An international panel has concluded that it will be virtually impossible to restore stability in the Middle East, in the context of several failed states and the rise of terrorist groups like ISIL (Islamic State).
Convening at the Jewish News’ event in London to discuss the new Middle East order, panel chair and Israeli journalist Moav Vardi asked whether it was a question of “a lack of will,” or whether ISIL simply could not be defeated.
Dan Chugg, who heads the Foreign and Commonwealth Office’s dedicated taskforce, said: “ISIL will not be degraded and defeated by airstrikes alone, but nevertheless their march has been prevented. They’re not in the same mode of expansion as they were a year or two ago.”
However, Henry Jackson Society founder Alan Mendoza was critical of the “slow progress” being made, noting a “sense of frustration” in the U.S. “This is supposedly the mightiest military in the world,” he said. “Yet the method of engagement is such that we’re not able to bring overwhelming power to bear.”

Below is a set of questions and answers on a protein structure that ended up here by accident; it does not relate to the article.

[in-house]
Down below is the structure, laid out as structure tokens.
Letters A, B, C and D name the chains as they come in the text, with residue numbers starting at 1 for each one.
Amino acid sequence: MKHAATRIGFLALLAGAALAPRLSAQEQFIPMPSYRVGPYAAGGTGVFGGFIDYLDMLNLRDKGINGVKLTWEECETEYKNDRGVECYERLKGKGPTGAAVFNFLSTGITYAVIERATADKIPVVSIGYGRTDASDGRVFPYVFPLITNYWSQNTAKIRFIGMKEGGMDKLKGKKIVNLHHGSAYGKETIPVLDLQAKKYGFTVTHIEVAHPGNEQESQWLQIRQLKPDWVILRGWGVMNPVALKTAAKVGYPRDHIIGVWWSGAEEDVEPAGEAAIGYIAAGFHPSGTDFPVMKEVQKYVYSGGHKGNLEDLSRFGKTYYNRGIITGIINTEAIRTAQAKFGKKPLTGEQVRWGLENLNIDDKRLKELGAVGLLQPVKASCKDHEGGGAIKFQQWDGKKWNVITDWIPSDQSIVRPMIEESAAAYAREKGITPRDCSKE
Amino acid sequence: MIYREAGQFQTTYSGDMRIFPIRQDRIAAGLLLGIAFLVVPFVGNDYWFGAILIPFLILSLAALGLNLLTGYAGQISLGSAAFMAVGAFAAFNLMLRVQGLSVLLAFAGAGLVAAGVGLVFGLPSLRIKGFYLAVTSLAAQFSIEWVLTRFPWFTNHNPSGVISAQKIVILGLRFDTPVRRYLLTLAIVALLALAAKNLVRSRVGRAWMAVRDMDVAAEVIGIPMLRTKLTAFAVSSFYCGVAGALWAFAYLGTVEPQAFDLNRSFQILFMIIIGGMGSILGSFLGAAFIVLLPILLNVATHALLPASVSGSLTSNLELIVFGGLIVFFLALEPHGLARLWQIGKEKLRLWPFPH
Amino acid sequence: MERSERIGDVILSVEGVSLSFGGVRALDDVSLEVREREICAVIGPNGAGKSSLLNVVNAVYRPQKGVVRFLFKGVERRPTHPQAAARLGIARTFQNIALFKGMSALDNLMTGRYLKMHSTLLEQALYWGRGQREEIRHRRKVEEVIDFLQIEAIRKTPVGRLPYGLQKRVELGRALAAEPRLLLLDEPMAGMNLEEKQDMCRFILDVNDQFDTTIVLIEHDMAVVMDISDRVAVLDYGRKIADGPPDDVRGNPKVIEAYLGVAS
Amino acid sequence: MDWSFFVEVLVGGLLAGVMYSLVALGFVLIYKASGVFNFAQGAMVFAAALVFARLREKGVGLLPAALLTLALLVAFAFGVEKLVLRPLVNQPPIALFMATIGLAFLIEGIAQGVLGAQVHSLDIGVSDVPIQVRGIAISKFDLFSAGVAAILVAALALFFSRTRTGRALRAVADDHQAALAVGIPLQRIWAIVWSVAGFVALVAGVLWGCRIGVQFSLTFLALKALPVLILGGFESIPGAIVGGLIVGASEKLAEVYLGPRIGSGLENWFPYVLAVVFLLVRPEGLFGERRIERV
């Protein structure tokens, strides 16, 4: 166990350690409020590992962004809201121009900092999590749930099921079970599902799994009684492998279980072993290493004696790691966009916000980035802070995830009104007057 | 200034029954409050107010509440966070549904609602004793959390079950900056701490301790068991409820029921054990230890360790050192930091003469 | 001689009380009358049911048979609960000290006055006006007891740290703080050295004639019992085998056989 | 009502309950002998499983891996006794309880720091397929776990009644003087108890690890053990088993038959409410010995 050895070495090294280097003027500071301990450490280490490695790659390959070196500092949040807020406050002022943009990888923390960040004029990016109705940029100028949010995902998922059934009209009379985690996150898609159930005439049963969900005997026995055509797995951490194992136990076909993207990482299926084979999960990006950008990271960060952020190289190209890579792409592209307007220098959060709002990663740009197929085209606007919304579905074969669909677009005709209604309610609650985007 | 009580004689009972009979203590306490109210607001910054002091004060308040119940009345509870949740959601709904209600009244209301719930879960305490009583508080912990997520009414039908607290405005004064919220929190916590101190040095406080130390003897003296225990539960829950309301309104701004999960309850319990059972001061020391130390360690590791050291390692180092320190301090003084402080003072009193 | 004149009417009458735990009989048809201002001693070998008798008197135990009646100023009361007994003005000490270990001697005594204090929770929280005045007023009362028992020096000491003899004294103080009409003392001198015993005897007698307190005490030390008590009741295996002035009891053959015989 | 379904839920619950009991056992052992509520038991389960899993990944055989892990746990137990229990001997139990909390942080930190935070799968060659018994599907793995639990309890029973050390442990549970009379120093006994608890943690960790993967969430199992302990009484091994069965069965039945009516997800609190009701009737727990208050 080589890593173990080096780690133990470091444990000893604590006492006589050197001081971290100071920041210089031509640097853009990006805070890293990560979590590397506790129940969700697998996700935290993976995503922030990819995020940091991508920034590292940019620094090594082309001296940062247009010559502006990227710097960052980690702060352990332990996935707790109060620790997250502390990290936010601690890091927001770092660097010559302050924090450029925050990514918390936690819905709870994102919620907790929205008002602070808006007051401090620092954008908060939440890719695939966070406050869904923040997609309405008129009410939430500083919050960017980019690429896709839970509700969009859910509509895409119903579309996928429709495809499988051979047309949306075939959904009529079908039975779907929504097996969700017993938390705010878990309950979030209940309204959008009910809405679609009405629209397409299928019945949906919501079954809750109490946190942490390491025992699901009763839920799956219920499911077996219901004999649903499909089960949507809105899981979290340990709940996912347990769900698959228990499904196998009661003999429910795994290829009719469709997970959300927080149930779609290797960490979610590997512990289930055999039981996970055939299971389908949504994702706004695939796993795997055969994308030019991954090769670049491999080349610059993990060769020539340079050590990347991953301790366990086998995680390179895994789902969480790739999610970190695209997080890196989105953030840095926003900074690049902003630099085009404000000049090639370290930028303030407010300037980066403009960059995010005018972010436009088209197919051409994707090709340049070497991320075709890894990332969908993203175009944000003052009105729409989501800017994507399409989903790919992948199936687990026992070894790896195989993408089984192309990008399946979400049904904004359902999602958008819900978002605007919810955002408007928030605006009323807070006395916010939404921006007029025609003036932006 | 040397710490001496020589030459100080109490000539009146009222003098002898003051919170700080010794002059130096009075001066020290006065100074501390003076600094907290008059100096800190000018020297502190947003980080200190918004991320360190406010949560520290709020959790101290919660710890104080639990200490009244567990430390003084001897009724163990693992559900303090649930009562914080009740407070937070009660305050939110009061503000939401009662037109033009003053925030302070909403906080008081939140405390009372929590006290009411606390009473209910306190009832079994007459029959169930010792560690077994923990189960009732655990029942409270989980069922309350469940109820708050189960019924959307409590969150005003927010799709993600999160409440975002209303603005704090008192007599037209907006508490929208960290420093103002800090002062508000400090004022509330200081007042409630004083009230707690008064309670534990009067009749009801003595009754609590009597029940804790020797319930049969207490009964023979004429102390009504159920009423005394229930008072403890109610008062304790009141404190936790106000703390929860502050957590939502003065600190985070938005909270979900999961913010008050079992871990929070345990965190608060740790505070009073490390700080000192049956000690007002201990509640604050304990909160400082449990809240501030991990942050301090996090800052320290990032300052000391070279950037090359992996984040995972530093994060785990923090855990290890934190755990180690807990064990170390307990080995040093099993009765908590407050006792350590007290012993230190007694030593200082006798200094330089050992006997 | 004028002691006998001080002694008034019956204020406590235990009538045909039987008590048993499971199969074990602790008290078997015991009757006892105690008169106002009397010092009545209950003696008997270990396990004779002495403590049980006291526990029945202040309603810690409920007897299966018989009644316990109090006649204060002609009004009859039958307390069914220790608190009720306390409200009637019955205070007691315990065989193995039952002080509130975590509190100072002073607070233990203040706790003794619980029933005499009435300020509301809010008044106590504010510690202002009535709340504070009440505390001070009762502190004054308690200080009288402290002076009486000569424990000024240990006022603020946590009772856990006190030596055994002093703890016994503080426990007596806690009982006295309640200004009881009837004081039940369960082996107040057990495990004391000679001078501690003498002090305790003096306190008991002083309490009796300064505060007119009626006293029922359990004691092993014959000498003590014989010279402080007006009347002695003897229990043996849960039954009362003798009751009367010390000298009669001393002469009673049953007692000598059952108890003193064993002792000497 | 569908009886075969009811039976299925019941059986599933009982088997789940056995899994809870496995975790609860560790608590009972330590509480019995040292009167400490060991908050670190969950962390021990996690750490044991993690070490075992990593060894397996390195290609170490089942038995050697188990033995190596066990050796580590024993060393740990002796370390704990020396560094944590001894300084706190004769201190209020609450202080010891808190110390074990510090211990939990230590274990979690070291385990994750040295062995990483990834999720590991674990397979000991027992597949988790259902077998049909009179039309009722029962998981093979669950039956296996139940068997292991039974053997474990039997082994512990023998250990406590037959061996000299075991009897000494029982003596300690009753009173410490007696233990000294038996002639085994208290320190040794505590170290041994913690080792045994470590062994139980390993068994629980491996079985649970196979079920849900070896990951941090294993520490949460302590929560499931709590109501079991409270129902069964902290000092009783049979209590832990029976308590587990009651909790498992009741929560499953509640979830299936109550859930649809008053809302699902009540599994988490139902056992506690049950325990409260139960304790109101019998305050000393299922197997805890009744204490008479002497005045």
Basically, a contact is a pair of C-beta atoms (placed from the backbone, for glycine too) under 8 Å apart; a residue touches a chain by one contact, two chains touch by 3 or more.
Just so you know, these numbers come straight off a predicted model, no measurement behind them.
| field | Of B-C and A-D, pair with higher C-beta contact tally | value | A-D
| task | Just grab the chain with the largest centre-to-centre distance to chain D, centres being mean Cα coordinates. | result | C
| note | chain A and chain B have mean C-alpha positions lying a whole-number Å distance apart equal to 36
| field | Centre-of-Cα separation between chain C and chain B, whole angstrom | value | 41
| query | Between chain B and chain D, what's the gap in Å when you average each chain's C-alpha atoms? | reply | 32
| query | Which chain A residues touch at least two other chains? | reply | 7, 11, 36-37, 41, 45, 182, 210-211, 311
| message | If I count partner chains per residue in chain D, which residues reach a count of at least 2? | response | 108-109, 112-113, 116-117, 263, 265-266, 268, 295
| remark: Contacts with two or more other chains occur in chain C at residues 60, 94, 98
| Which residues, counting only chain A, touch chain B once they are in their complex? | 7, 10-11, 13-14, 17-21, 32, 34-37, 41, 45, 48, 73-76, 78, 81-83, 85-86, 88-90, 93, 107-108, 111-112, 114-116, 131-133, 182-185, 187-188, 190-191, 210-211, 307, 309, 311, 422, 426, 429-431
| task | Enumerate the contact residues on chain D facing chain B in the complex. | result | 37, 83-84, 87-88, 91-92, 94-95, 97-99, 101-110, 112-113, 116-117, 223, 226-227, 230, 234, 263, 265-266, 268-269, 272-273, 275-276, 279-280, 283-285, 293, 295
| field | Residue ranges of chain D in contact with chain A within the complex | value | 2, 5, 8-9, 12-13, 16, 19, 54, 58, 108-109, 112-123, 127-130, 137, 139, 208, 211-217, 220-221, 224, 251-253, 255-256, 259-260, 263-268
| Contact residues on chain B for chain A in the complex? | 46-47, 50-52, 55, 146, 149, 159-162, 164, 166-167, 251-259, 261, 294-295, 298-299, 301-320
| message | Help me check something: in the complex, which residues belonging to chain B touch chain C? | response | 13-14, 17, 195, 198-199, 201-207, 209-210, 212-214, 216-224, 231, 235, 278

Referring to the parliamentary vote to refrain from military action in Syria, Mendoza said circumstances had changed, adding: “We might now want to see some leadership from our politicians to get back in the Syria game.”
Jane Kinnemont, the deputy head of the Middle East and North Africa programme at Chatham House, took issue with this suggestion, saying: “There is less appetite for an Iraq-style intervention; that will remain the case in Syria. It’s not at all clear that Western boots on the ground is the answer.”